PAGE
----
by Craig Klugman, Ph.D.
More and more frequently, stories are appearing of drug companies buying patents of investment firms buying drug companies and then raising the cost dramatically. First there was Turing Pharmaceuticals that raised the cost of a toxoplasmosis drug by 5500% after the company bought the patent. EpiPen is currently in the news with its leaders having to appear before Congress and explain why it’s price increased 791% after being acquired by Mylan Pharmaceuticals. Now Novum Pharma, after purchasing several drugs from Primus Pharmaceuticals has raised the price of drugs used to treat eczema and skin infections. Alcortin-A has gone from a wholesale price of $189 to $7,968 (4,115% increase), Aloquin has gone from $201 to $7,968 (3,684% increase), and Novacort from $121 to $5,952 (4,819% increase) in the last 18 months.
When such prices initially rise, the costs are hidden because insurers cover it. Over time, insurance cannot mask such massive increases and the result are higher premiums, higher deductible, and drugs being moved to higher tiers that mean less of the cost is covered under an insurance plan. When these moves happen (usually when a plan is renewed annually), the cost becomes apparent to the consumer.
These companies are not recouping research and development costs because these are drugs that already exist on the market. They are very simply trying to maximize the profit on their purchase of these drugs. The motivation is nothing more or less than greed. Charging excessive prices on drugs needed by people who are suffering is unethical and immoral. Certainly, these companies have a right to make a profit on their investment but they are not entitled to make an excessive profit. For some patients, there are lower cost alternatives but for some there are not. Charging excessive costs, well above and beyond the cost of manufacture, marketing, and selling is a gross violation of justice.
Perhaps the answer is to make all of health care non-profit. There is something askew with the idea that we profit off the illness of others. Medical care does not follow the free market very well. After all, patients do not choose their drugs and cannot shop around for options and alternatives—they take the drug that a physician prescribes. I can shop around for prices on widgets because I can buy my widgets from any supplier and can choose different types of widgets if I want. But doctors control prescriptions and only licensed pharmacies can dispense. Applying free market (i.e. profit motive) principles to a controlled market violates equity and fairness. If I do not buy a widget, then I don’t have a widget. But if I do not buy my medication then I suffer and may imperil my health further. Not only must we understand the ethical problems these charges represent, but we must consider whether legislation needs to be introduced to make such price gouging illegal.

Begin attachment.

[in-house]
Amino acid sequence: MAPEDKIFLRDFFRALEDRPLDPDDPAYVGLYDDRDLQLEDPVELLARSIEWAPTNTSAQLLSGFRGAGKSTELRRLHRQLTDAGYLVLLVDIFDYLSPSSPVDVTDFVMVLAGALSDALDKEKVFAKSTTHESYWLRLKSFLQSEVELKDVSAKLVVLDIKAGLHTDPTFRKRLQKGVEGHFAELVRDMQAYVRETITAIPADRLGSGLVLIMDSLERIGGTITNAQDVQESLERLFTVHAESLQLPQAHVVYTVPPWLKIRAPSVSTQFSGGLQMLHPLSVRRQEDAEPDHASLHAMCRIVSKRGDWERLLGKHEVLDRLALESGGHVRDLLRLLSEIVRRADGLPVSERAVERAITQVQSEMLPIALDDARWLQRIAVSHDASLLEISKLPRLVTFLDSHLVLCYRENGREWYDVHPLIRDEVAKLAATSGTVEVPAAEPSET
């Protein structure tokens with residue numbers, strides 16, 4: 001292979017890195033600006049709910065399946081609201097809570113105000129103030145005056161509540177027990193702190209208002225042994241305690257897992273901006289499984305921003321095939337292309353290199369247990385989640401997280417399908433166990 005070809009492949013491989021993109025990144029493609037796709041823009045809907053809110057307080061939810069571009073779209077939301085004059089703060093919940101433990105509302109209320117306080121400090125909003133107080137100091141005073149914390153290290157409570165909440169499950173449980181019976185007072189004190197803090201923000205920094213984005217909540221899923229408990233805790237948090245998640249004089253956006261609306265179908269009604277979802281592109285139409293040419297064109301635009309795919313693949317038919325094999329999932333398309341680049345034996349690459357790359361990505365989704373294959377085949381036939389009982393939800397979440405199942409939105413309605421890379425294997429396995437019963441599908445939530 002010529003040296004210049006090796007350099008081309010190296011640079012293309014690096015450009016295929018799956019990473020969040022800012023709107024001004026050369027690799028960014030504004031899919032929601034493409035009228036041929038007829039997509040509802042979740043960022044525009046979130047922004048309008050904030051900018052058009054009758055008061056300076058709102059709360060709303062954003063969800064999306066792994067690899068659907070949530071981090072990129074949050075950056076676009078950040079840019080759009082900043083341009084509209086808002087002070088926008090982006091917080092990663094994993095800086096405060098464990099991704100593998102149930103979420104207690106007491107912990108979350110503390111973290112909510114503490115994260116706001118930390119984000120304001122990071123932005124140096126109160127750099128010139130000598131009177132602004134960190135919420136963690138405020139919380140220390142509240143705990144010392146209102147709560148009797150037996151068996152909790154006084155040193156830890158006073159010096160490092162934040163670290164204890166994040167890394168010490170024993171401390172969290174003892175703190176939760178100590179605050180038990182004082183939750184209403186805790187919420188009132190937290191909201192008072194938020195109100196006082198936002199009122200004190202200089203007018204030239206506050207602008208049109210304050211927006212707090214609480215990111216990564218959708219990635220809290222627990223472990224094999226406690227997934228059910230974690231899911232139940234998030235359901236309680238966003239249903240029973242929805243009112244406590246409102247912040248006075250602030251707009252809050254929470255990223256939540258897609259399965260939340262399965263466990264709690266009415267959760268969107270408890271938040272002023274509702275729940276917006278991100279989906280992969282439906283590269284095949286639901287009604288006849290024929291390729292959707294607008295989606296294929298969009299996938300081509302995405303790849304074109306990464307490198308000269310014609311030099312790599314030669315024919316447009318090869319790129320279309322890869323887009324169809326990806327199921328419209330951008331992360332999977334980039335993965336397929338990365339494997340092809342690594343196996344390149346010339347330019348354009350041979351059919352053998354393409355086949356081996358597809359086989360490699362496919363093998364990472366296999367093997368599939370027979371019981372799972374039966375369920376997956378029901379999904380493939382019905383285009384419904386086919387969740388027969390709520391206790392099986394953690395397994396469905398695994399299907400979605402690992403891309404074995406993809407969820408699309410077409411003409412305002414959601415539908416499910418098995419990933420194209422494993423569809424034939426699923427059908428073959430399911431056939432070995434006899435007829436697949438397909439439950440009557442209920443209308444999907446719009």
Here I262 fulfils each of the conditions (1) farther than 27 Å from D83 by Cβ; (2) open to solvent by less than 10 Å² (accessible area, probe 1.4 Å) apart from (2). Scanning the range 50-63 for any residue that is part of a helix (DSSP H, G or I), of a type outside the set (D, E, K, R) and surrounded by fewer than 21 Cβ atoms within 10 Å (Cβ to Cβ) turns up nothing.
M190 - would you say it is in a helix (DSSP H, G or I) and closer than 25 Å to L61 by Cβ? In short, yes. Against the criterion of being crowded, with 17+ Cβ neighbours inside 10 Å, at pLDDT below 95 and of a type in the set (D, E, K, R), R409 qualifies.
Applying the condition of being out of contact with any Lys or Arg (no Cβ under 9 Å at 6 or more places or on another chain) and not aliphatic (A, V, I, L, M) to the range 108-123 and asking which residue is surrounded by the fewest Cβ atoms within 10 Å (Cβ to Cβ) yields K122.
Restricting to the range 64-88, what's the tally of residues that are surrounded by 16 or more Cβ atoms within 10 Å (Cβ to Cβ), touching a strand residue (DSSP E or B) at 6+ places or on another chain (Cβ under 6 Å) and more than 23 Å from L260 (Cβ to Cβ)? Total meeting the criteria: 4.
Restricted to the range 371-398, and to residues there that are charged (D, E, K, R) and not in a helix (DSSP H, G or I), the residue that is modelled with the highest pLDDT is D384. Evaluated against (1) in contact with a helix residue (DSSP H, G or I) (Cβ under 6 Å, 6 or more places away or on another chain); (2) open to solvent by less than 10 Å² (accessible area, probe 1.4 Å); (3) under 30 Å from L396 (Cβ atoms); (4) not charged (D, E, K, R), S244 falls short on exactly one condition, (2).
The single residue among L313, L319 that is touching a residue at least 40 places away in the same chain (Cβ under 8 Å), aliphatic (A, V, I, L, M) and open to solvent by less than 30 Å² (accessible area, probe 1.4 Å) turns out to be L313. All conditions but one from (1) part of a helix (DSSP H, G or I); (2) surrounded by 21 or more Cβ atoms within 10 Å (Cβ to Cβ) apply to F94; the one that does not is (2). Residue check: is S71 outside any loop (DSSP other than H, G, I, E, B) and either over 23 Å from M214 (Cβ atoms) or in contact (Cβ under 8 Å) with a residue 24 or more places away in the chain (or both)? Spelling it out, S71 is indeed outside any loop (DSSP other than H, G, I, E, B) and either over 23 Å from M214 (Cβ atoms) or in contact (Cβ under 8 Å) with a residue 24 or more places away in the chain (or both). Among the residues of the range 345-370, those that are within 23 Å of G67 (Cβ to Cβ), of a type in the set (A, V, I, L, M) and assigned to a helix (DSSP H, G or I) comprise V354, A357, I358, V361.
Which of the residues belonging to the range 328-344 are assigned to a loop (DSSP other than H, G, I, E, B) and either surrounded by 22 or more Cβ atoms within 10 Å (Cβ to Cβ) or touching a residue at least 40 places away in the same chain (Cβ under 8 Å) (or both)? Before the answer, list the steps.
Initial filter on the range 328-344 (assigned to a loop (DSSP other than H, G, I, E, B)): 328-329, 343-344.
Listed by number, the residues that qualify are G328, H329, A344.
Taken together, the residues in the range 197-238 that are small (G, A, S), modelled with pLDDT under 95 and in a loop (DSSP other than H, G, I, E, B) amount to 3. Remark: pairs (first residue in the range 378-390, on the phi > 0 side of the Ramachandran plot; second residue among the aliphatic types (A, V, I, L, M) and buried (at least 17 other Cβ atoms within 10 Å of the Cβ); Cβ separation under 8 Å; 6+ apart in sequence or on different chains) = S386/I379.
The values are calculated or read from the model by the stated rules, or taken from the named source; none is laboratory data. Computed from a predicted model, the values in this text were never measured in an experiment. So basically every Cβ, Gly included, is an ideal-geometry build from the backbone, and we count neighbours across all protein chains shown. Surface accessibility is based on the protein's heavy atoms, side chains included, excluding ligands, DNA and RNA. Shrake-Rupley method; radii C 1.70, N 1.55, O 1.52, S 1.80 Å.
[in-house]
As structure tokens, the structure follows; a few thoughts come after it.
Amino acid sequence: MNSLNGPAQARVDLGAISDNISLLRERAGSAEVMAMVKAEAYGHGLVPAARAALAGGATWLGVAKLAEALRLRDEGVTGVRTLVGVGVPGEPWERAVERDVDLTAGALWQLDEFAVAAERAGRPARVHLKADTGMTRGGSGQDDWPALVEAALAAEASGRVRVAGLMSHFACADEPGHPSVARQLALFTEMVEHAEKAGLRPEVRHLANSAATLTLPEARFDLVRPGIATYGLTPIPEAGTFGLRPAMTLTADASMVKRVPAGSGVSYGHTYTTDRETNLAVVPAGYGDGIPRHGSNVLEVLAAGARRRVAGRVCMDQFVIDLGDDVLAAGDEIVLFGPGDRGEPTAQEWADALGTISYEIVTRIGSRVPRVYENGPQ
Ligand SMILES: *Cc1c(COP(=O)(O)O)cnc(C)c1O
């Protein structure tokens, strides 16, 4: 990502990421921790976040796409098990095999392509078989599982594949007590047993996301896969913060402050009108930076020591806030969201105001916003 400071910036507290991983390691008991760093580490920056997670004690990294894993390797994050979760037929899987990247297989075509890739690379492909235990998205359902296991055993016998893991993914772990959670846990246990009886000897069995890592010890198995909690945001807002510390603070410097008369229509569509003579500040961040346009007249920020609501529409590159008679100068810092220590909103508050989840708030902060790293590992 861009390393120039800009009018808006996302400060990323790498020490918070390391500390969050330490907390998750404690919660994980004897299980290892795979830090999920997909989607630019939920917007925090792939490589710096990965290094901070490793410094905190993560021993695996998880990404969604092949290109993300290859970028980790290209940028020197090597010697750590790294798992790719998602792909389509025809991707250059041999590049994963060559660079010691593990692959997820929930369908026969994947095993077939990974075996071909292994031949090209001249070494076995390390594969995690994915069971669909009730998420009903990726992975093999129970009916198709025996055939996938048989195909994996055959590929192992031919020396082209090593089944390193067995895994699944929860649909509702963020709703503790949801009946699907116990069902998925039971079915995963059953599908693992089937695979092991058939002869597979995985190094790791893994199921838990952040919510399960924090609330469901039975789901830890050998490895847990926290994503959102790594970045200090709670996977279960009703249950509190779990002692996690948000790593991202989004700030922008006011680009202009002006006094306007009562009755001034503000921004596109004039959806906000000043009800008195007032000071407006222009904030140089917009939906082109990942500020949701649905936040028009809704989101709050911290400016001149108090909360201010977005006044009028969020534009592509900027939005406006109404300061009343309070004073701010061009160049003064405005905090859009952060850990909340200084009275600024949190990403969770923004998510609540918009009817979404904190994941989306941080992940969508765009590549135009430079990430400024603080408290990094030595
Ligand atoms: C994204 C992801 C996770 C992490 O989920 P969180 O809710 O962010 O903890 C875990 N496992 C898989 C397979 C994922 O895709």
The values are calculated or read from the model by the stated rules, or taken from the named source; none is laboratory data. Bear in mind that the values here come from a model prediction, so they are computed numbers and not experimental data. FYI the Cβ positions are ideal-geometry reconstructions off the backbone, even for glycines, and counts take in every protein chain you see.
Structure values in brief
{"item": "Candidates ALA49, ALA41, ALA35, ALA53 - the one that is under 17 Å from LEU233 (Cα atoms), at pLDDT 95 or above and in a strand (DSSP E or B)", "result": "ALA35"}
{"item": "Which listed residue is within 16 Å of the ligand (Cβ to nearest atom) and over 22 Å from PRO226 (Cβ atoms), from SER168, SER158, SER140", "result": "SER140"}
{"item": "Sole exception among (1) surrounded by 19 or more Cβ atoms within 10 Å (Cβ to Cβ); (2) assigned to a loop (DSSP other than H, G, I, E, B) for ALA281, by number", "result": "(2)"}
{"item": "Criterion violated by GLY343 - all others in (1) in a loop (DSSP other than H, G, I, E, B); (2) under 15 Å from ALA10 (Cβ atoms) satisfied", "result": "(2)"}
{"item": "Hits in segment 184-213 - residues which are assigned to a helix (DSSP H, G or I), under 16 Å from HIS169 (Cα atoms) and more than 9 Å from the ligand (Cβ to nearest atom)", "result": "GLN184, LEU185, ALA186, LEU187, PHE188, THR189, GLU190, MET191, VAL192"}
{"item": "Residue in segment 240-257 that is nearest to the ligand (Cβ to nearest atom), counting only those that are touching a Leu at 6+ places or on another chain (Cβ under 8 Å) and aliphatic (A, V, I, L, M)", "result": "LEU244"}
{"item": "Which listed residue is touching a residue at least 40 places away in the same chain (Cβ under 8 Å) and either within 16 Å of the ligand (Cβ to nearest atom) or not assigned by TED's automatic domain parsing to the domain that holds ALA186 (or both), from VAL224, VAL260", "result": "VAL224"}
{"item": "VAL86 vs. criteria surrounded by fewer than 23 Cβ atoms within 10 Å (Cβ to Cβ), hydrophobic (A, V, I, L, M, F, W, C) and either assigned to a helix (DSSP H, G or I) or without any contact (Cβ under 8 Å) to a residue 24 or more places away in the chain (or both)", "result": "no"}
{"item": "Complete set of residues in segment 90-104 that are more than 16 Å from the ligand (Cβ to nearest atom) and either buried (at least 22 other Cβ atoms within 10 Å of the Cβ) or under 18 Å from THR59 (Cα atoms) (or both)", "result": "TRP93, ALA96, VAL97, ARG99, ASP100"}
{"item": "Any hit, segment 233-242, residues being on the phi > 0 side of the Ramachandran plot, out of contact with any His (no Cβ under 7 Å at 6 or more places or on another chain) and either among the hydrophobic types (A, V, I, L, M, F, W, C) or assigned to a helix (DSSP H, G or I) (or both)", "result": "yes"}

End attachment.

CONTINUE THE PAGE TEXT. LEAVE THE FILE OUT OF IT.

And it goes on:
This leads to the question of how to help a patient who needs a drug that has been held hostage by a greedy corporation’s profit hunger? First, there should be an attempt to boycott these drugs. Second, when possible, prescribe those of competitors and generics. If the expensive formulation is the best one for a patient, then one should contact the company and see if they offer discounts. For example, Mylan is offering a half price coupon on EpiPen and under popular outcry is now releasing a lower cost (which is still priced much higher than the original price of the original EpiPen) alternative. Second, we should all write to Congress and encourage them to regulate the drug industry and require review of all sales of drugs to ensure that the new owners will not seek excessive profits and high charges. Utilities and insurers already submit requests for price increases for government approval. Insurance companies and large corporations should be reviewed by the FTC to be sure that changes do not cause monopolies or impose a price burden on consumers. Drug companies should have to do the same whether the entire company is being acquired or merely a few drugs are being sold. Third, one can check with a compounding pharmacy to see if there are alternatives available. Sometimes the drug is available in a difference size of packaging for less (and such a pharmacy can repackage into individual doses), or the drug can easily be compounded. A pharmacy can work with patients to see if anything can be done to be as effective and more cost conscious.
These companies raise their prices because they can. Initial increases are hidden and we only learn about it after the new pricing has been in the market for a while. As patients and consumers we need to hold companies accountable by voting with our pockets, writing to our elected officials, and letting these companies know that we are sick and tired of this and won’t take it anymore.